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Tips and tricks for Redshift beginners

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Let's throw a few tips and tricks in here for those getting started.  

 

First off: RENDER SETTINGS: 

 

A few findings from @Fastbee

Quote

I was testing Redshift more and ran into some things that I found speed up rendering by maybe 30%+ when combined.

 

1) Go to Render Settings > Redshift > Memory > Automatic Memory Management and check this on.  It takes more memory, but speeds up renders.

 

2) Render Settings > Redshift > System > Bucket Rendering and switch this to 256

 

3) When using Irradiance Point Cloud as the seconday GI Bounces, which seems to be the best option, change the Samples per Pixel under Irradiance Point Cloud settings to 1.  One one think this would lower the quality, but it doesn't.  It's really strange.  I have not tried it in a lot of scenes right now so if someone could re-verify this it would be great.

 

4) Under Unified Sampling setting it to 512 max and 256 min seems to be enough to get flicker free for even the hardest scenes.  Setting it higher does not seem to get any better quality for the extra time.  Setting it lower like 256 max 128 min can sometimes add to render time which I find strange.  Setting it very low can cause flickering in some scenes, so for previewing maybe ipr or using 16 max 4 min is good, but final rendering 512 max 256 min seems to be the best between no flickering and a fast render.  If flickering is still seen this should be upped at the cost of more render time.

 

I'll also add a couple of things I've learned can make your renders faster: 

 

Redshift's unified sampler definitely benefits from applying sampling overrides.  Allocating sample overrides prevents the unified sampler from getting overworked by trying to clean up stuff like reflections, refractions, etc.  So...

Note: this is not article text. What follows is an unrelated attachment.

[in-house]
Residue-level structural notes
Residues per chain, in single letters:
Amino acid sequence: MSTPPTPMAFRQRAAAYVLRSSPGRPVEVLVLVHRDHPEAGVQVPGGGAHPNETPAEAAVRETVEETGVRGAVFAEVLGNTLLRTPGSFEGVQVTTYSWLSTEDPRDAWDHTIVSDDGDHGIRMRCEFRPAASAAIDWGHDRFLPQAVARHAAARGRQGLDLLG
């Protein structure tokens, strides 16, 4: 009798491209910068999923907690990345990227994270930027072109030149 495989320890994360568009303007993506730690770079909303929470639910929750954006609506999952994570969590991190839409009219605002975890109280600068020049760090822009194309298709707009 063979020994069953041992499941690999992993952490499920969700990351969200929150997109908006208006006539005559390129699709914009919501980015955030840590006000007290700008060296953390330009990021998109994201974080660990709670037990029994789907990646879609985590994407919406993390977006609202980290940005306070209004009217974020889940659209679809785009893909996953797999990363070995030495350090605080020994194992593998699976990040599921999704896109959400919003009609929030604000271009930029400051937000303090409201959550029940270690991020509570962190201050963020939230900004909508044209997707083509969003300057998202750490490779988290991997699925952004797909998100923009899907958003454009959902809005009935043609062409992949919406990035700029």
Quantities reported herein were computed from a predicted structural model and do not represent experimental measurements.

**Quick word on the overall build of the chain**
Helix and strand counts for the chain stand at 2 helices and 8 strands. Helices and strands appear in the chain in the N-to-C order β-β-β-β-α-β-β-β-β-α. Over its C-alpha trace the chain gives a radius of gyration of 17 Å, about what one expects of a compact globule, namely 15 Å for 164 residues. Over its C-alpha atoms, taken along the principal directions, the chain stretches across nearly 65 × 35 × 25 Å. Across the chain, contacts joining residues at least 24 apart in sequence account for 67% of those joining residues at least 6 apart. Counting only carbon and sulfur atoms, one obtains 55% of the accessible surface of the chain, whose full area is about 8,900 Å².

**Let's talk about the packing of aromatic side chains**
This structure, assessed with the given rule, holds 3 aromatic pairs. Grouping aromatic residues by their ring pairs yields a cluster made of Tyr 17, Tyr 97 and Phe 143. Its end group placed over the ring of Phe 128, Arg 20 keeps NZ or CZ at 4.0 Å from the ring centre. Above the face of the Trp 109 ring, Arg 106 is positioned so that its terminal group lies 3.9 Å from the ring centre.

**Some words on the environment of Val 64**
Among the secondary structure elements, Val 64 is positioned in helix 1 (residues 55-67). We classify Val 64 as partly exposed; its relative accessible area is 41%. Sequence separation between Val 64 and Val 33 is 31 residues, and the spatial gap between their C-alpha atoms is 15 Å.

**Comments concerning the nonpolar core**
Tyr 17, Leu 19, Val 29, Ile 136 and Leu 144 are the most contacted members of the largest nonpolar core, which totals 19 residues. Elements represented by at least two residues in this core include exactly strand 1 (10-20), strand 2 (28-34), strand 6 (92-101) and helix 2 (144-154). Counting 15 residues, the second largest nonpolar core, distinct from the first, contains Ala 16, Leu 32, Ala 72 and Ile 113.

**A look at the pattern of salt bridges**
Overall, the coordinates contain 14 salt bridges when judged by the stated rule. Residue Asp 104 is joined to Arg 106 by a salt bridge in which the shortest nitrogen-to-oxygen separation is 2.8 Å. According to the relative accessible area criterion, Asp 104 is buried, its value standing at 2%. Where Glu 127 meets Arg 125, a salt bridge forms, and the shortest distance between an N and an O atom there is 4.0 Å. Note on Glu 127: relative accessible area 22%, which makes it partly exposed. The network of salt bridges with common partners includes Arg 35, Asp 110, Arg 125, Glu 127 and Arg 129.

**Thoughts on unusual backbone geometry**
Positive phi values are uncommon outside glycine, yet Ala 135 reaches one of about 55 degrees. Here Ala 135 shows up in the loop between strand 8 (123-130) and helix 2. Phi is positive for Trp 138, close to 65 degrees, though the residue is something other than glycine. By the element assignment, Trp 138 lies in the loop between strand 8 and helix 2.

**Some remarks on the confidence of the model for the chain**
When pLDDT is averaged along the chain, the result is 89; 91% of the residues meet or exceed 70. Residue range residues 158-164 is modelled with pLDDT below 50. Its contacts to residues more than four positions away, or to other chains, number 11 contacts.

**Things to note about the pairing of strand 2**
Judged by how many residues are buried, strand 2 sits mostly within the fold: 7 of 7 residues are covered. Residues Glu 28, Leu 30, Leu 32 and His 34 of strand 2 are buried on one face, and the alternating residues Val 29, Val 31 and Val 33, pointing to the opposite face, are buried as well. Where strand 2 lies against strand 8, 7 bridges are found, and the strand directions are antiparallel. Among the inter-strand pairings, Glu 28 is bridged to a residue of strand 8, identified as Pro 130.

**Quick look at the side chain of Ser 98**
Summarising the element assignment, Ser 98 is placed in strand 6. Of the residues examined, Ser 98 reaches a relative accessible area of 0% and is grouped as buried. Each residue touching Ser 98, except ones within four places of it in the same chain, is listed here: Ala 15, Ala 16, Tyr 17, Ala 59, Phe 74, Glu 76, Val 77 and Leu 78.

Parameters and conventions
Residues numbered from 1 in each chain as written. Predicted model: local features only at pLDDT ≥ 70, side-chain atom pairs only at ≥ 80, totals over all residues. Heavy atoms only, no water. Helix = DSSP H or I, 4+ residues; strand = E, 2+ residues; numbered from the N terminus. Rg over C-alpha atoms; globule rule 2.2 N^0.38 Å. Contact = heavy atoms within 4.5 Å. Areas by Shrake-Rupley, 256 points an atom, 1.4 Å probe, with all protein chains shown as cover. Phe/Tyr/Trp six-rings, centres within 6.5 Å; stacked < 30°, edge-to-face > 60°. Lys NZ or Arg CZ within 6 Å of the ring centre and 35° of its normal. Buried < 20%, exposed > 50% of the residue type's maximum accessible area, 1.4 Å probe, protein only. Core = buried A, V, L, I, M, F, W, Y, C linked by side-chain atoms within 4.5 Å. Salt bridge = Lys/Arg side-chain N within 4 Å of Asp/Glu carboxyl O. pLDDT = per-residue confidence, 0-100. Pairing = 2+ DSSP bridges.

1) If using Brute Force for GI, take the ray count up to at least 2x your max unified samples.  So if you're doing 256/512, use at least 1024 for GI. 

 

2) Do the same for Individual overrides.  So, for the above, it's also recommended to try at least 1024 for lights, refraction, reflection, etc. as needed.  

 

This is some of what I've learned from Saul Espinoza's and Jesus Fernandez's tutorials on youtube.  They are Maya-based, but the same theories still apply and are quite helpful, even for C4D.  

 

Saul:

https://www.youtube.com/channel/UCUNokXBHp-7b_E6cDG4UA6A

 

Jesus:

https://www.youtube.com/channel/UCa0jeJu-5pm2W9wNDZeUBJg

 

 

 

ANOTHER ONE!

 

Never, ever trust progressive mode for your final render.  The IPR (when set to progressive) doesn't always show you what's going on.  For example, Multiple SSS is not visible in progressive mode.  Neither are caustics.  Also the IPR defaults to brute force mode, so any tweaks to GI will not be visible in progressive mode. 

 

So, if you're working with Multiple SSS, caustics, etc. and you can't really see what's happening, make sure you go to Redshift's render settings, and in the Basic tab, turn off "Force (progressive) Enabled for IPR."  This will take your IPR into bucket mode and show you everything exactly how your final render will come out.  

 

Of course, bucket mode will be slower than progressive, so you may need to turn down your unified sampler for relatively fast updates.  You can always switch back to progressive mode when you want to work more quickly.   

 

 

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